Trade promotion is a tricky subject because of the sheer amount of money that is at risk. Often, trade promotions will be the most expensive marketing tool that is used for the year and it has the potential to either make or break a company.
I missed the irony on my first read of the email in which a marketing firm talked about pricing. The second reading left me laughing. It never ceases to amaze me how alluring low prices are to sellers.
From time to time some companies lose money on projects through labor overages, material overages or mispricing a project. They have to work harder and more efficiently to make up for those losses. But how much harder and how much more efficiently?
How is it that businesses consistently fail to see the relationship between price and profits? What I suspect is that many businesses believe that it’s easier to compete on price than to differentiate.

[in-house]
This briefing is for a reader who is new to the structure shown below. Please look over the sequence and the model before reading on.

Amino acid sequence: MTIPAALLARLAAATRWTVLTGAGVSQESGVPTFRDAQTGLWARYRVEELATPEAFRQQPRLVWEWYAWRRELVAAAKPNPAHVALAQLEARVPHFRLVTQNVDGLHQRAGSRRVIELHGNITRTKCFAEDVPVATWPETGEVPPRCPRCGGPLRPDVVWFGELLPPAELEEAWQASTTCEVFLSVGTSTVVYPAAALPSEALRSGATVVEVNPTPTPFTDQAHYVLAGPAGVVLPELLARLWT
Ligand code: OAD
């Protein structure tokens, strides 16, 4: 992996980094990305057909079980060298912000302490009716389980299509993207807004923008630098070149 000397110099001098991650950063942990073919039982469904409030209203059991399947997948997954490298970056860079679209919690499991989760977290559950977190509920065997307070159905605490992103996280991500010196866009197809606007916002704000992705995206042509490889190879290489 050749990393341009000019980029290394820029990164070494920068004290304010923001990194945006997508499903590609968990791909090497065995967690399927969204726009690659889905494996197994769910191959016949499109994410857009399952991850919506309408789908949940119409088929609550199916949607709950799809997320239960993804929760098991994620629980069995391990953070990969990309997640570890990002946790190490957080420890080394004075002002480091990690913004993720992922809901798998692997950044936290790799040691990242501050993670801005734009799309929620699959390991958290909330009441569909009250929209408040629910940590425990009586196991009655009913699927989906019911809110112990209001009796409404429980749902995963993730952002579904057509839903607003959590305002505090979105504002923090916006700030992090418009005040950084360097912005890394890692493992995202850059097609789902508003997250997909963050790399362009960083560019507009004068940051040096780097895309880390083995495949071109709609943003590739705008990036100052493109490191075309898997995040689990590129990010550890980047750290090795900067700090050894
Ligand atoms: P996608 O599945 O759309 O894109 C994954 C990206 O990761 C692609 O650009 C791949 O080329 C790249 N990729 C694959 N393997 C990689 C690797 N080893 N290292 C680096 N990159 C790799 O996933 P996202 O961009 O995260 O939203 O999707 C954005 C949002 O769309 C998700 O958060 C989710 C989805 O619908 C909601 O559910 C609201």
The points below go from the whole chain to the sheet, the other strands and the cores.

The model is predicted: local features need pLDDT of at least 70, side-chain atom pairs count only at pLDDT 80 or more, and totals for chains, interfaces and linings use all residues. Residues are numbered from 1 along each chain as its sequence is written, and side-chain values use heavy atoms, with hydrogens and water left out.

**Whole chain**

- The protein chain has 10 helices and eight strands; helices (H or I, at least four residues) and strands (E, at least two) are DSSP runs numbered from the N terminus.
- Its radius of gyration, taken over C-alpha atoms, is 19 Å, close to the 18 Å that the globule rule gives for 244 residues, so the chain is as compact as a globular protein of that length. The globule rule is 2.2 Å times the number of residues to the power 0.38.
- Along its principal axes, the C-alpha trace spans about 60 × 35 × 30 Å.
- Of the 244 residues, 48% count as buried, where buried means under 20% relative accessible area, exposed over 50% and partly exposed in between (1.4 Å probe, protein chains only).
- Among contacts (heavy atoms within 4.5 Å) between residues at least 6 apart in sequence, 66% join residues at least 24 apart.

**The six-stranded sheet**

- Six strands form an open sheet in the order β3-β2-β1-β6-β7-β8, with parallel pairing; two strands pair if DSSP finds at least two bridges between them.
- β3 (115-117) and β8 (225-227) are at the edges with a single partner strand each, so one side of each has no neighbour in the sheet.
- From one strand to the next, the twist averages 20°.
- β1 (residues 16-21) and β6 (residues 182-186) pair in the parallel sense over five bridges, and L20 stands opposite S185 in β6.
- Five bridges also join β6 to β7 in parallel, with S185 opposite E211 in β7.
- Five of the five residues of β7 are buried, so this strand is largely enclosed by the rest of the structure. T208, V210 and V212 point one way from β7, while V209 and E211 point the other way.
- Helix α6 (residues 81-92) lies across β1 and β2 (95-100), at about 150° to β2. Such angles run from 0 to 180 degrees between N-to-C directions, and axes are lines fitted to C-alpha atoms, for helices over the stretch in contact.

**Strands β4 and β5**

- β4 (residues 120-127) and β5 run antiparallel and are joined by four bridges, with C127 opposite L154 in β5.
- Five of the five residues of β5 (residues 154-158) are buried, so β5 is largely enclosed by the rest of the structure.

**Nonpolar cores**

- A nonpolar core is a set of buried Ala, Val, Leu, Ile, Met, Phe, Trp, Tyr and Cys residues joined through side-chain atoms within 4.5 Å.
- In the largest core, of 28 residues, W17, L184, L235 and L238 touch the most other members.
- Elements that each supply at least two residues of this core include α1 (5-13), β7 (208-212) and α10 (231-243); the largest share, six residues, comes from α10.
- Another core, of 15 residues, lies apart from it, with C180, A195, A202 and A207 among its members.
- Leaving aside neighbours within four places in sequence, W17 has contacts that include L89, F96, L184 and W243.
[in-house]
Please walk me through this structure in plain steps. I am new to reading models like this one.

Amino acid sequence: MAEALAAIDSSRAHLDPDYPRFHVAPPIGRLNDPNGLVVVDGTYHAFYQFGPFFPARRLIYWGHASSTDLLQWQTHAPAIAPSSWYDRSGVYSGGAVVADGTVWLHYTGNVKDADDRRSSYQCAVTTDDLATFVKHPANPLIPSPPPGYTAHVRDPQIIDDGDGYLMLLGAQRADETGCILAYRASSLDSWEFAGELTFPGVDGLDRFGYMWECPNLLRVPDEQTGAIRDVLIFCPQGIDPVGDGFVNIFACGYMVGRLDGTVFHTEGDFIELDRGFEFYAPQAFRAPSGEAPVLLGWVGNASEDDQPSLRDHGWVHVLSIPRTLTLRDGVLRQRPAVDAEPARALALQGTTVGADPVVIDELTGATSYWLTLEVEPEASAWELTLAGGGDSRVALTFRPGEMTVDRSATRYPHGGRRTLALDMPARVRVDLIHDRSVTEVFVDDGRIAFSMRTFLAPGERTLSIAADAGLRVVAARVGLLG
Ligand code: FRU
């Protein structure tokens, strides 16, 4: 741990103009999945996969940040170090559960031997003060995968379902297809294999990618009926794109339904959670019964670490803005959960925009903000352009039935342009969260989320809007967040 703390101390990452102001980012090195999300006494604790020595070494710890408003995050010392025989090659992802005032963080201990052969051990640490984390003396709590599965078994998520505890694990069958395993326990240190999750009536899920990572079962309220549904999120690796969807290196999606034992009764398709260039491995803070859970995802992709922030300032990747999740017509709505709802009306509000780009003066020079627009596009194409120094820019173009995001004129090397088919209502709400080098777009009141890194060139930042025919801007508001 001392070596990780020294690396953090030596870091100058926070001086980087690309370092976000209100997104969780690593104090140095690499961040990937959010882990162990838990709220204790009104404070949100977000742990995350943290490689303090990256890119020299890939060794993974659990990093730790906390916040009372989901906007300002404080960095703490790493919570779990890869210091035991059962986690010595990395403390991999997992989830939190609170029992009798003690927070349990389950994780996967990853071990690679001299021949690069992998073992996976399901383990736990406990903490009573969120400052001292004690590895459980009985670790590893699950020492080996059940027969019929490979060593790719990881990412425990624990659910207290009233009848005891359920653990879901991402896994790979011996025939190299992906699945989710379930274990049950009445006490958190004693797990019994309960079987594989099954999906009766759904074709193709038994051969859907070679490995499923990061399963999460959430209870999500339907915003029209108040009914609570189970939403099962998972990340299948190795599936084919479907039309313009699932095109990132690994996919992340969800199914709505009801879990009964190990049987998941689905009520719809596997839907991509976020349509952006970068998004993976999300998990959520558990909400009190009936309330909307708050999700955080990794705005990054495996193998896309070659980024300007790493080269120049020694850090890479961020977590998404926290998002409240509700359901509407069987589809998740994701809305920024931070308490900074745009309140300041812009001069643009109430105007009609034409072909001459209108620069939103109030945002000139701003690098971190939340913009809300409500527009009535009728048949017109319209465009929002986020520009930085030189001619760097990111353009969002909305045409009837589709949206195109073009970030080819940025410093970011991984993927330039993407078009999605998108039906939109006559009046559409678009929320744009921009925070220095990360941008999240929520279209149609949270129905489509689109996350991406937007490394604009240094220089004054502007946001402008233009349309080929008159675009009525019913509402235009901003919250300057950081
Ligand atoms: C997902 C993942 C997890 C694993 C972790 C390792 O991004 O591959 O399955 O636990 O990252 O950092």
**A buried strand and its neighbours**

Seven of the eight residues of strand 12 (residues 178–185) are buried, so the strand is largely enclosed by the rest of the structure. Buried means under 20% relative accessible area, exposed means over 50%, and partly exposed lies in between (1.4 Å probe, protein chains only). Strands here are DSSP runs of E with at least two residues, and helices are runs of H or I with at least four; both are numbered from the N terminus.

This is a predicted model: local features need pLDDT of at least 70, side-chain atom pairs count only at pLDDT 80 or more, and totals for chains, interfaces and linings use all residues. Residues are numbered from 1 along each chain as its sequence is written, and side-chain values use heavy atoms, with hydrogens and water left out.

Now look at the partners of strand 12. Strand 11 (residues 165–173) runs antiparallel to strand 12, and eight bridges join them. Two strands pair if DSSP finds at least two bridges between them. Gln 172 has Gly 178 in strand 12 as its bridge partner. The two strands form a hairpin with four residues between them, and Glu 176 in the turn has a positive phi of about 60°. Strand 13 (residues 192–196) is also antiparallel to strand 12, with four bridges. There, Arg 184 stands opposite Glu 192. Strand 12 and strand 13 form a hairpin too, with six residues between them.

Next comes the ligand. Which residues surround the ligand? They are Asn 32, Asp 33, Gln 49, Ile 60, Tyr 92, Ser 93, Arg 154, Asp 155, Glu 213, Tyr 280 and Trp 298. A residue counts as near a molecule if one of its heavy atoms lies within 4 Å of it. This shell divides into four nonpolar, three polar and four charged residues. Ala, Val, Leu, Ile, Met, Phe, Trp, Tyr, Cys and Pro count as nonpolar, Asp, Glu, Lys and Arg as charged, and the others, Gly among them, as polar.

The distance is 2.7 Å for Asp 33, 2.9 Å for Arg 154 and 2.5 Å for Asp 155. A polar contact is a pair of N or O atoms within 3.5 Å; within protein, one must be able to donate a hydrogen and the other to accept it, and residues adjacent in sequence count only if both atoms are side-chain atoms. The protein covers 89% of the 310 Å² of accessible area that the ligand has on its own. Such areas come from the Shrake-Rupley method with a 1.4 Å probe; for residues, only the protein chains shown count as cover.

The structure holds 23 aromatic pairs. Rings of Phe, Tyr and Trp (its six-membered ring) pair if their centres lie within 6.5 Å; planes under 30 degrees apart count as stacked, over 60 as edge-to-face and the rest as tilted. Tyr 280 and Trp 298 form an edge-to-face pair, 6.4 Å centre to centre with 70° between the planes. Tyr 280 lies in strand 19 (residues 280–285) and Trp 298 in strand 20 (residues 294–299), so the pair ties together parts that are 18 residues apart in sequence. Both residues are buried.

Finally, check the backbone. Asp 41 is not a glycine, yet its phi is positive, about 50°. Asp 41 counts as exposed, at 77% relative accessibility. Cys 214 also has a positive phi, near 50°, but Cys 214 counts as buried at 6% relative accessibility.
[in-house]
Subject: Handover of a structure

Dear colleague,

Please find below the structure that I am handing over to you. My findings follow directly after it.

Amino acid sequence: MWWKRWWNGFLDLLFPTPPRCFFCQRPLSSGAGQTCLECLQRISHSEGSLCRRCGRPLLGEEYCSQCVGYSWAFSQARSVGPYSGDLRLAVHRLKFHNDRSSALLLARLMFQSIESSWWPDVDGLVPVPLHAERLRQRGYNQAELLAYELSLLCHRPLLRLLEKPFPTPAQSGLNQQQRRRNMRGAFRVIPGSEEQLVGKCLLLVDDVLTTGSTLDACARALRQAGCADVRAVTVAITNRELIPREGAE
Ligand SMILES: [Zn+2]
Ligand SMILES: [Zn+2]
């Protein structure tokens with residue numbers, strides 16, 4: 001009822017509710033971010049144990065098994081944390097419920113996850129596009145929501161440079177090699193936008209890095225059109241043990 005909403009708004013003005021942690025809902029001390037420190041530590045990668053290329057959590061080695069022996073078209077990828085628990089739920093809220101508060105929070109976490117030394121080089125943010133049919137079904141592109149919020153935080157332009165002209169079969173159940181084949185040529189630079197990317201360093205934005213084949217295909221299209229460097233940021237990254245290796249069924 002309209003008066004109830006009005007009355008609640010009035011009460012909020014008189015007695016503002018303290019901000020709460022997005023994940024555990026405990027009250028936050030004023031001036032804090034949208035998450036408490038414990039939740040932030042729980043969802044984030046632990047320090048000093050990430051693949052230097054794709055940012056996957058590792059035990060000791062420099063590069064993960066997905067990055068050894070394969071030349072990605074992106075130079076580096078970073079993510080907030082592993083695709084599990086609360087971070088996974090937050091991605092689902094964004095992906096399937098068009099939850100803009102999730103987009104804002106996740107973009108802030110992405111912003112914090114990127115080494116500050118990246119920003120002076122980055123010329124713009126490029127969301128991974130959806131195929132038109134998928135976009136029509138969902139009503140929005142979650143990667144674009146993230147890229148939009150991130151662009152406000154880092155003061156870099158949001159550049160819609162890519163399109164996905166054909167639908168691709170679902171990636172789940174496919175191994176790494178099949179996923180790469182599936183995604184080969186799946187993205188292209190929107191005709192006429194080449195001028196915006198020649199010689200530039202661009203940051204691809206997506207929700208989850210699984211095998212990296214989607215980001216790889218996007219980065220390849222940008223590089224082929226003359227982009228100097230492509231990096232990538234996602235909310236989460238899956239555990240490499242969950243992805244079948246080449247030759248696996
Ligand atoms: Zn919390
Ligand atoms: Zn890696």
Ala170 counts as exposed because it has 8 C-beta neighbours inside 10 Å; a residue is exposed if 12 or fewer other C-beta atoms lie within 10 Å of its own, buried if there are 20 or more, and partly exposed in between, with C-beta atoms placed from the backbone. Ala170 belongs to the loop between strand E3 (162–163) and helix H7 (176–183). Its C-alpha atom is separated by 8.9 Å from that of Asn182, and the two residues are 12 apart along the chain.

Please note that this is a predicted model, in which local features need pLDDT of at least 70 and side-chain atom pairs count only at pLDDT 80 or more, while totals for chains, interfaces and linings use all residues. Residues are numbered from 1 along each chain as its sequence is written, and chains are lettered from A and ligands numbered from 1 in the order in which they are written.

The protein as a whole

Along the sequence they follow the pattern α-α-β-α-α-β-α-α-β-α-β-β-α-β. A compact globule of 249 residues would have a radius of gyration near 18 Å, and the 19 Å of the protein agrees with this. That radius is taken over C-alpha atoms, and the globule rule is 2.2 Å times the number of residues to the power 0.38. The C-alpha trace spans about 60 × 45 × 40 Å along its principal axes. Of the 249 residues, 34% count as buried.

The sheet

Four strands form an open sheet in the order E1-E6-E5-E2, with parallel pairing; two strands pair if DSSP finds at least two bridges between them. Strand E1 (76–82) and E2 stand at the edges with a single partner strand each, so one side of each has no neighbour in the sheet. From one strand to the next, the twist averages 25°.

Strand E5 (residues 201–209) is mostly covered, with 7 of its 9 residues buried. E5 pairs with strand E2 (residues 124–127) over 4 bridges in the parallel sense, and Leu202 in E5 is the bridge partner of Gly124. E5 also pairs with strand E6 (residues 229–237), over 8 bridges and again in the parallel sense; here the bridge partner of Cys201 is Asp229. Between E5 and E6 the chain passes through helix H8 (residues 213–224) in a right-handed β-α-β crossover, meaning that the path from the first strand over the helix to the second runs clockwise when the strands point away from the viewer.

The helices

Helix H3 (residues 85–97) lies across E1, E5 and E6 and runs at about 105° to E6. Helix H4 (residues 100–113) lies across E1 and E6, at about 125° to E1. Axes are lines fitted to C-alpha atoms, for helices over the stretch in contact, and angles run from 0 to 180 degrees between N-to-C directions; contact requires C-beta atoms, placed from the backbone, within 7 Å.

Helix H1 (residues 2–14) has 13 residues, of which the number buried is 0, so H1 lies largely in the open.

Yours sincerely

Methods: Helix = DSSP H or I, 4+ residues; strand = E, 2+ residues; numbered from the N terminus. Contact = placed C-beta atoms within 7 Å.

Nearly every small business wants to sell more stuff— stuff being whatever your product or service is. After all, your business can’t survive if you aren’t selling stuff and generating revenue. But not all sales are the same, and selling the wrong way can ultimately hurt your small business.
What would you think of a restaurant that offered really good food, but the salad is free and the dressing is extra? The potatoes are free but the sour cream is extra. The soup is free but heating it costs extra. And table service is free if you wait two hours, but table service in 20 minutes costs extra.
True loyalty programs are built on the basis of establishing a long-term positive relationship between the company and the customer and is not accomplished with a single “deal” or even multiple “deals.”
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